Lava flow closes in on Hawaii power plant

Los Angeles (AFP) –


A slow-moving lava flow is starting to close in on a power plant near Kilauea volcano, which has authorities scrambling to keep it from becoming part of the drama.

Officials said there was no "immediate threat" to the Puna Geothermal Company (PGV) a 38-megawatt plant run by the state of Hawaii.

Still, "cracks near the Puna Geothermal Company are active and producing lava that slowly flows into the property, which destroyed the old Hawaii Geothermal Project in an area adjacent to the PGV," it said.

Authorities are closely monitoring the situation in this hot air turbine electrical plant.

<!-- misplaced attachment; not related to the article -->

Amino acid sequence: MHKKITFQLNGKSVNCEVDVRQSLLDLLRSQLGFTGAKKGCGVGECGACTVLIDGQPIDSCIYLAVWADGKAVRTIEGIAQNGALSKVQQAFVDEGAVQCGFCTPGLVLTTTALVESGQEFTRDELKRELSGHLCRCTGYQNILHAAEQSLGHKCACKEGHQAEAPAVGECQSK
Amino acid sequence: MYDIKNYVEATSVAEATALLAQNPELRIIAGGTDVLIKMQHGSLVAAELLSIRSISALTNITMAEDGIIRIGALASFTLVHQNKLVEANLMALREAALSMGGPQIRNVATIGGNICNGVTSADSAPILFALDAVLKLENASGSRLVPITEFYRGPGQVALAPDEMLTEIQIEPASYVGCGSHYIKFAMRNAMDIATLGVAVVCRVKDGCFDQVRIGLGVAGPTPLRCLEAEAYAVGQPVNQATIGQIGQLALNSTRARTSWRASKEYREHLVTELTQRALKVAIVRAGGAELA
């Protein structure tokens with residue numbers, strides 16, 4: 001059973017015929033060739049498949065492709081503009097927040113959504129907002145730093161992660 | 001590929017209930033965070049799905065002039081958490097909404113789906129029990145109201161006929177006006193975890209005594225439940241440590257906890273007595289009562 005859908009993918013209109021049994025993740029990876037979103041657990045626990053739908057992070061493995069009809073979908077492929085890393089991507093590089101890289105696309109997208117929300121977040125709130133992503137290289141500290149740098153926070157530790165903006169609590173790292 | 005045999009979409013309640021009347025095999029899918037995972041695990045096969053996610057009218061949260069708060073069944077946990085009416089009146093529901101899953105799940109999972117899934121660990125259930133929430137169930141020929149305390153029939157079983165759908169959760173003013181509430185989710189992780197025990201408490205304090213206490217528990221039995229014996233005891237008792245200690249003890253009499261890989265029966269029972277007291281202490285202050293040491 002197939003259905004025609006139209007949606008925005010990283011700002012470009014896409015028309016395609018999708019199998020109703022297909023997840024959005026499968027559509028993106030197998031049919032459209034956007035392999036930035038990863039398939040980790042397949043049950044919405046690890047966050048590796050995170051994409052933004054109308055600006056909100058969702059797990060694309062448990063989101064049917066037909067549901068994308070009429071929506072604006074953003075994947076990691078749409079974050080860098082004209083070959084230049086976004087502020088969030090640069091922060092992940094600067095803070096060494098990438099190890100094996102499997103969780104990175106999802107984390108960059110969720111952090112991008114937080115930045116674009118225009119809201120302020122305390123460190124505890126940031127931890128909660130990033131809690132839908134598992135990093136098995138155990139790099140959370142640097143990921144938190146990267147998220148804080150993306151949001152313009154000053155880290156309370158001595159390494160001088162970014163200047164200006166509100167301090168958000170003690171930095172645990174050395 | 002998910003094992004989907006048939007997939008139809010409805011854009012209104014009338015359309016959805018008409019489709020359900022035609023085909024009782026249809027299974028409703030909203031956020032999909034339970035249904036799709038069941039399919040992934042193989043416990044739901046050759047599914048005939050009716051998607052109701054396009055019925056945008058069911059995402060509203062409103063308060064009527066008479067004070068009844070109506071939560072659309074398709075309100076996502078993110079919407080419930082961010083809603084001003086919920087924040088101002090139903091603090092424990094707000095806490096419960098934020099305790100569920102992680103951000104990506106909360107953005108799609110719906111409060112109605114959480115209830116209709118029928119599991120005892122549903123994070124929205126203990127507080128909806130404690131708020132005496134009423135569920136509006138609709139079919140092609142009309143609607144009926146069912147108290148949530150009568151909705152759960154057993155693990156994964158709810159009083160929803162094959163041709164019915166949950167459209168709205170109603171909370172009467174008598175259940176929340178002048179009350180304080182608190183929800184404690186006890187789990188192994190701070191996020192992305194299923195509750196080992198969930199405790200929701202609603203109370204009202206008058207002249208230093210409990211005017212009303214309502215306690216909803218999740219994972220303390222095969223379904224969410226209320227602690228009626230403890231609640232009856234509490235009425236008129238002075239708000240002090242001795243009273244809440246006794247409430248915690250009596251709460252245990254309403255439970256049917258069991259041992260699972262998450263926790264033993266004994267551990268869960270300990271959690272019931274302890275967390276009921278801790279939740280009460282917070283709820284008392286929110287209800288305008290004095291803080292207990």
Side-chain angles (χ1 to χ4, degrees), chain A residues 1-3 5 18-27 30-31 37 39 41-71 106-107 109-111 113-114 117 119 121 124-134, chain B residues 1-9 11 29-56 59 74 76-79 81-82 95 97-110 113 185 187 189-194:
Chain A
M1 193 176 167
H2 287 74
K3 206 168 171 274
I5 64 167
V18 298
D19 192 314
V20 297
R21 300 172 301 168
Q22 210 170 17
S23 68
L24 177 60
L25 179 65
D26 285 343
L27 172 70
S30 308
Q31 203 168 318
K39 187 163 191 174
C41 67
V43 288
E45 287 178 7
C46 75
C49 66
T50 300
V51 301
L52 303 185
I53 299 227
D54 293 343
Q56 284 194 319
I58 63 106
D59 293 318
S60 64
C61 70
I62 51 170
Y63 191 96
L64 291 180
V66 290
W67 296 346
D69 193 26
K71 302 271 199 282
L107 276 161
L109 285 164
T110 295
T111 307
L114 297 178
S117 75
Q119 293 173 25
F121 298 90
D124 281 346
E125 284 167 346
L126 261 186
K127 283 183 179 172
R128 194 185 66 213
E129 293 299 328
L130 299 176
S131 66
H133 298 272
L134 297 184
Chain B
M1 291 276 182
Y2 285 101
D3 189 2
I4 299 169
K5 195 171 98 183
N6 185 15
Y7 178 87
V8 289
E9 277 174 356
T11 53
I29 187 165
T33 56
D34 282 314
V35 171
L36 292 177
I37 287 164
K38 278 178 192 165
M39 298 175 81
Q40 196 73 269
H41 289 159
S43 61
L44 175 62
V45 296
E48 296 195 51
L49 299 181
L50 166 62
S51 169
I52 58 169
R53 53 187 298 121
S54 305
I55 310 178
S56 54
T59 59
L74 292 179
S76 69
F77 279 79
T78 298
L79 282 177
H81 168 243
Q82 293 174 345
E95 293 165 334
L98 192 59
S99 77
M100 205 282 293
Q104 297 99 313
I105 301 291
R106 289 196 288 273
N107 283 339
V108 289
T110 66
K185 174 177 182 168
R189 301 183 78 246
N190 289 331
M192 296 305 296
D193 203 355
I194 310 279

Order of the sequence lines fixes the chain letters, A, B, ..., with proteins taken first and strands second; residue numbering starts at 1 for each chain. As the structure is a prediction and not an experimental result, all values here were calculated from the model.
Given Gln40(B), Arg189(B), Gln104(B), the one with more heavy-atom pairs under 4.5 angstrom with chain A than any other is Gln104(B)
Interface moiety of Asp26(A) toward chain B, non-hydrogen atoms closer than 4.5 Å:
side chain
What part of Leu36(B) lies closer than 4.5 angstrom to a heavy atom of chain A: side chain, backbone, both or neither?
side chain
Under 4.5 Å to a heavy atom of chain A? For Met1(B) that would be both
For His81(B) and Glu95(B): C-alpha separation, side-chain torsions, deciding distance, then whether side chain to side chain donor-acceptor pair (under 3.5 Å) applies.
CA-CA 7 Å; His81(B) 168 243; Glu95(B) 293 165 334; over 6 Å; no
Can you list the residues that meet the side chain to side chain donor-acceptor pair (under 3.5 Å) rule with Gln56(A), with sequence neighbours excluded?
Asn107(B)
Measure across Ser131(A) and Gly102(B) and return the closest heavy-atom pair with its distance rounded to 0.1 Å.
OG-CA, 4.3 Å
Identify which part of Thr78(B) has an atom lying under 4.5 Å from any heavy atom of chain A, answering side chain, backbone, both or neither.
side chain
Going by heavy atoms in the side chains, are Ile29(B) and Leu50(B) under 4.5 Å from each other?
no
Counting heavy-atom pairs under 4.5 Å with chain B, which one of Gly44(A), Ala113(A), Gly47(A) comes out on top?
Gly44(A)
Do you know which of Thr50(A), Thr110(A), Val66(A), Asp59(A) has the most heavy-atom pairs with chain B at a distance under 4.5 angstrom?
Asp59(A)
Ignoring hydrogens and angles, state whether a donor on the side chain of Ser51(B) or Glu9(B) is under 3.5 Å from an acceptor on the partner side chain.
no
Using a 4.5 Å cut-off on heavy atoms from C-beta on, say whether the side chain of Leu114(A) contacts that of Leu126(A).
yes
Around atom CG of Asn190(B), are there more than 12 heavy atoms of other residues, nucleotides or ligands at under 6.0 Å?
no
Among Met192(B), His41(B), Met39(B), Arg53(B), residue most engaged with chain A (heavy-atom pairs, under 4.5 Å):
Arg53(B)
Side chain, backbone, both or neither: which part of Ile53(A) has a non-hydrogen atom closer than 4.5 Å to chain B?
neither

As a precaution, flammable chemicals were removed from the plant and the wells were filled with cold water.

For now, there's a steam release.

Civil defense also indicated that the constant eruptions from crack number 22 continue to feed another dangerous lava channel that goes to the ocean.

When fiery lava hits water, it produces acid fumes, a phenomenon called "laze" -- a word in English formed from the terms "lava" and "haze".

It is a mixture of hydrochloric acid (HCl), steam and small particles of volcanic glass.

Kilauea is one of the most active volcanoes in the world and one of five on the Big Island of Hawaii.

It erupted May 3, forcing the evacuation of 2,000 people from their homes located on the mountain.

Scientists believe volcanic activity may be a precursor to a major eruption, similar to one that occurred on the island in the mid-1920s.